Partnerships with research organisations such as the Centre for Ecology and Hydrology (CEH) and companies like Van Walt are helping us establish automatic environmental monitoring stations at key sites across the catchment. These sites are complemented by a network of citizen scientists (the Wychwood Water Watchers) who collect data on a monthly basis as part of our catchment labs project, on variables such as sediment, river-flow, riverfly, phosphate and nitrate levels.
Pollution Monitoring: The Evenlode and many of its tributary streams fail to reach good ecological status under The Water Framework Directive due to poor water quality, in particular levels of phosphate. Visit the EA Data Explorer / Reasons for not achieving good for more detailed information on pollution sources. Recent estimates apportion the origin of some 80% of river borne phosphate to sewage treatment works (point sources) and 20% to agricultural land use (diffuse sources).
The ECP is working with Wild Oxfordshire and Earthwatch to monitor phosphate twice a year under the Waterblitz and more regularly under the Wychwood Water Watchers initiatives. In addition, we are working with Thames Water and the Environment Agency to monitor and improve effluent quality from sewage treatment works in the catchment. Data of samples taken from these works are published on a new EA Water Quality Archive which can be searched for records of different sources of pollution, including sewage discharges by water company.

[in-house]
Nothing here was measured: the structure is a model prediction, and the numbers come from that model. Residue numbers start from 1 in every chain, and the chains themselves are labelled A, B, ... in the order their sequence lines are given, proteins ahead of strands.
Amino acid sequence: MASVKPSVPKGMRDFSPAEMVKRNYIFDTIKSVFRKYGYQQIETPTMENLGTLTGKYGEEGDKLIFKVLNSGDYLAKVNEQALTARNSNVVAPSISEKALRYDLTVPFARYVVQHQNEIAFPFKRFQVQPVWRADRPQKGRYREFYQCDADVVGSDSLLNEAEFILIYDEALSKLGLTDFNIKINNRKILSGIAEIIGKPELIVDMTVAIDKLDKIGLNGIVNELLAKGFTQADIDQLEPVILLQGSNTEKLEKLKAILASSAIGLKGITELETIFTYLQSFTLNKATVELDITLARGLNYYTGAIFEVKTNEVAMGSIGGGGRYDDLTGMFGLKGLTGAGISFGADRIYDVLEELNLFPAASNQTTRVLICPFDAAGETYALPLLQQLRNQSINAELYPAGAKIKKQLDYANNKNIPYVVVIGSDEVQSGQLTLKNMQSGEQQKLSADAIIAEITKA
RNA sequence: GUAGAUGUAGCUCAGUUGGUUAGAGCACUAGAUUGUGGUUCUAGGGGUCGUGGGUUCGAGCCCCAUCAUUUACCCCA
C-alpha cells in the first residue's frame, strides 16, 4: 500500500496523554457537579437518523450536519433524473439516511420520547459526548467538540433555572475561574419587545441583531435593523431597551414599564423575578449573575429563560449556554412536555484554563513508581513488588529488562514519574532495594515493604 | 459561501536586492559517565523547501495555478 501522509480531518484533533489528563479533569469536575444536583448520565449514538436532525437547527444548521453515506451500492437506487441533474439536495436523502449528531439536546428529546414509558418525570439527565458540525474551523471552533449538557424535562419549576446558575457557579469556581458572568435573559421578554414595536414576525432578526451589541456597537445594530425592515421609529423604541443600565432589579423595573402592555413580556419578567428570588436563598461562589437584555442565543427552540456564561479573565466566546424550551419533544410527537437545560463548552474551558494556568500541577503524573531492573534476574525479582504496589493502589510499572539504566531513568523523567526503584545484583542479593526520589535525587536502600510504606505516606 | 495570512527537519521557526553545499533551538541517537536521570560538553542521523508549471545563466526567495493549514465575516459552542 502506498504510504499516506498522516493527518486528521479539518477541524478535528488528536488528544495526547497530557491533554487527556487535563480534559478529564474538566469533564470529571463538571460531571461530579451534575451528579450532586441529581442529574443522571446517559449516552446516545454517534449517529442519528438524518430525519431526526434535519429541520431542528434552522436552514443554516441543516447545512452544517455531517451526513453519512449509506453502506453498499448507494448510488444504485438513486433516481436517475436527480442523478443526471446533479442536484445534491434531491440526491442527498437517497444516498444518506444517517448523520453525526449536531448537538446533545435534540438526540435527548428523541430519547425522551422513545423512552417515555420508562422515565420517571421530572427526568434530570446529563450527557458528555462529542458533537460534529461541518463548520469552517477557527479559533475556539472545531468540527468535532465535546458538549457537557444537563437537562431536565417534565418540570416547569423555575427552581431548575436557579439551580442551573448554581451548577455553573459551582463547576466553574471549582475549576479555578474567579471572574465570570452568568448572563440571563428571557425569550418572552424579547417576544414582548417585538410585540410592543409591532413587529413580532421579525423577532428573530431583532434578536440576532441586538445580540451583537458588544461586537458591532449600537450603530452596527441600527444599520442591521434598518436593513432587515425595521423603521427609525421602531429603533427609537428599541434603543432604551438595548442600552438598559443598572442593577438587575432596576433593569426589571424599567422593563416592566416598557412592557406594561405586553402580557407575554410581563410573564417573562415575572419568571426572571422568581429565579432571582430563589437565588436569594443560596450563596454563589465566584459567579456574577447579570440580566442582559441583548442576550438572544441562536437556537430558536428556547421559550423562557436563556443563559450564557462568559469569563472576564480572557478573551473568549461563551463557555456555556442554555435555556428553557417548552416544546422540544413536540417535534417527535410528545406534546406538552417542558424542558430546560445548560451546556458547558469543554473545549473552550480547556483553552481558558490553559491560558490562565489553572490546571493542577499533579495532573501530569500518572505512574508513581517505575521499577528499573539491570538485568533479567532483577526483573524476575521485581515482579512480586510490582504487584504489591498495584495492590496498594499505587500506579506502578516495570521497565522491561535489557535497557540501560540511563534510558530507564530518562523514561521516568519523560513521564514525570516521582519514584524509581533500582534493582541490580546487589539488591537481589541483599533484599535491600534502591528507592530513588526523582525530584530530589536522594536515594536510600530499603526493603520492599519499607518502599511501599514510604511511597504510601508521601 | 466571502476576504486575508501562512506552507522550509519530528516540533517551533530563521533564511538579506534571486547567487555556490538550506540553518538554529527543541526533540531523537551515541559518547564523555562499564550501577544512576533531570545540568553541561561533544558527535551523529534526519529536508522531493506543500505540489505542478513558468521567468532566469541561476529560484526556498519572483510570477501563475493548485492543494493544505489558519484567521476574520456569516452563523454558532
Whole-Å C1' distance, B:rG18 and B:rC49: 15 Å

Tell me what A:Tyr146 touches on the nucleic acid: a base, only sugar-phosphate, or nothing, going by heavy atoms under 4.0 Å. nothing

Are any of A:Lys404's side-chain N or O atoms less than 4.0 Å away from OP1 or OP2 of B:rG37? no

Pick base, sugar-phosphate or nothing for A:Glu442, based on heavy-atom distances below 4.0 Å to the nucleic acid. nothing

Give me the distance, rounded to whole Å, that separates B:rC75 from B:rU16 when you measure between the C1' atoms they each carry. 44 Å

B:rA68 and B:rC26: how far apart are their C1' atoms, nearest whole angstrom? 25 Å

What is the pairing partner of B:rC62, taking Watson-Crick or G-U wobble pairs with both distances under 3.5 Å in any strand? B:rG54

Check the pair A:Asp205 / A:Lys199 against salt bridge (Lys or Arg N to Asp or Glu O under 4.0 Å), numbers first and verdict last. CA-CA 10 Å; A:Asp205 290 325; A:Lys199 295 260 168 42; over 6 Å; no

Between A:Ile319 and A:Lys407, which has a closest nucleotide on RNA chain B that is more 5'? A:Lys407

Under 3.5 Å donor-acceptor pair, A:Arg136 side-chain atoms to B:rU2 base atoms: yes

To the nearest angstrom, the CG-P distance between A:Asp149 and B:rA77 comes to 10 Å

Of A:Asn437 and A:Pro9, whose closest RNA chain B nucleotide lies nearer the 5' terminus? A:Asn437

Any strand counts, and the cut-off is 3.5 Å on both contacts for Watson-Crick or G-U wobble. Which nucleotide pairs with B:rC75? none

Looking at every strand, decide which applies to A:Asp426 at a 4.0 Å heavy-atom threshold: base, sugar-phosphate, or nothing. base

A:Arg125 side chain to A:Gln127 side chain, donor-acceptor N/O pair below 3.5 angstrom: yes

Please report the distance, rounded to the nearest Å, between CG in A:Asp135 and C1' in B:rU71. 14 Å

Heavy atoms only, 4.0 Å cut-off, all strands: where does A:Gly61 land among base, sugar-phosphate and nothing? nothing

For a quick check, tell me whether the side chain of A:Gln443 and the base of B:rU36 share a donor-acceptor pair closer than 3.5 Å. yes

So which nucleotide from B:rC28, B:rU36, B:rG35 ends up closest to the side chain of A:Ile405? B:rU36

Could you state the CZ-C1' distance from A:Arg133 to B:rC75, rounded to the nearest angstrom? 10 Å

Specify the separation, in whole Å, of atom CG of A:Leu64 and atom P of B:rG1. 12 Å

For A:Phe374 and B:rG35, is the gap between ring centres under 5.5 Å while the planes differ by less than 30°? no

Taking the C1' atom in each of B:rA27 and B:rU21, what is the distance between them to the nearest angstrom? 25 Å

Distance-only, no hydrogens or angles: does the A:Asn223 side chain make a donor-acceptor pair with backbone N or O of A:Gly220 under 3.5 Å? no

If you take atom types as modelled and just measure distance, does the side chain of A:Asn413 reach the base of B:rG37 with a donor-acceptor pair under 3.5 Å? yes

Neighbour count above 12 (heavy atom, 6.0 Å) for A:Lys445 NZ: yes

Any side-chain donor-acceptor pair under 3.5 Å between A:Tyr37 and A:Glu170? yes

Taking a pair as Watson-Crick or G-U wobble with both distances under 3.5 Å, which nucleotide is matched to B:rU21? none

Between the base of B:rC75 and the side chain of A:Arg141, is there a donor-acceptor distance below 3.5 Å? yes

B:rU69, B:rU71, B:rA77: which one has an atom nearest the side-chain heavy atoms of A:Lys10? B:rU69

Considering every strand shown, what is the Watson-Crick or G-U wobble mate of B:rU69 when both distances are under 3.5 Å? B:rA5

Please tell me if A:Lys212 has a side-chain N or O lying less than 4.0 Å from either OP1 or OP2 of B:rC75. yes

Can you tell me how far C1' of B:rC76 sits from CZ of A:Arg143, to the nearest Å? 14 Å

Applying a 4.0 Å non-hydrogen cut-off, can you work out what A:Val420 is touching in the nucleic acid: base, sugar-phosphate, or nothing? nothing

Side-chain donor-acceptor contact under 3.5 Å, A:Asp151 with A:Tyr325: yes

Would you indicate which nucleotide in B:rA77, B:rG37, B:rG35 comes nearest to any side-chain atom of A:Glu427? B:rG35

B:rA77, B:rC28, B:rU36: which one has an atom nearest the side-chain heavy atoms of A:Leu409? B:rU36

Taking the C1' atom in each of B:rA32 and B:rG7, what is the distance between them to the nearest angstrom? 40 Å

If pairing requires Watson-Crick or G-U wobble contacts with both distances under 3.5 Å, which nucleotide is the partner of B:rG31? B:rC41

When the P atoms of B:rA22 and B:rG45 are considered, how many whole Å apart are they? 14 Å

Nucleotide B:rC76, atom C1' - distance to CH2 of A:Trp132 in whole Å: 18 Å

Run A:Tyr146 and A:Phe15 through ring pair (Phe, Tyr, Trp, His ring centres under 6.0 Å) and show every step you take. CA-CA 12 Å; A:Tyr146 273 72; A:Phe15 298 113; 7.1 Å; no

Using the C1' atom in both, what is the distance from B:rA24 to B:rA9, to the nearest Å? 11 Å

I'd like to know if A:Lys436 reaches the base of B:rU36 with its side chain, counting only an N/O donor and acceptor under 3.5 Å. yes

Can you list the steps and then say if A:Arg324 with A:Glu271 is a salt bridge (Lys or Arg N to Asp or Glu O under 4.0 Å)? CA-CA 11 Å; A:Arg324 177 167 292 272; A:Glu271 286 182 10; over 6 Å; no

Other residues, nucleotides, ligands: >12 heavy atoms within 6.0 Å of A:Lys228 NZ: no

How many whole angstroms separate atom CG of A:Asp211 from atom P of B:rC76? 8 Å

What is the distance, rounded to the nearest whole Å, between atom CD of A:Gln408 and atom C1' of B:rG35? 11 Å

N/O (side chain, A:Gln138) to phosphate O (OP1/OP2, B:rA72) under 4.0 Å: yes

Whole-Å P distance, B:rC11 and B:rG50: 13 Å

In a further initiative, ECP are partnering Thames Water in an agricultural phosphate reduction project in key sub-catchment of the Evenlode. Farmers are visited by a specialist advisor with a view to recommending practices to control the input of phosphate into watercourses running through their land. Thames Water then offer incentives for the recommended actions to be implemented.
Visit our Communities pages to see what actions individuals can take to help prevent pollution.
In February 2014 the Planet Earth podcast by Richard Hollingham came from Wallingford, with Paul Whitehead of the University of Oxford and Mark Barnett of the Environment Agency who explain why the UK’s River Thames will fail to meet new pollution standards unless farmers and water companies take radical action. This is still relevant today.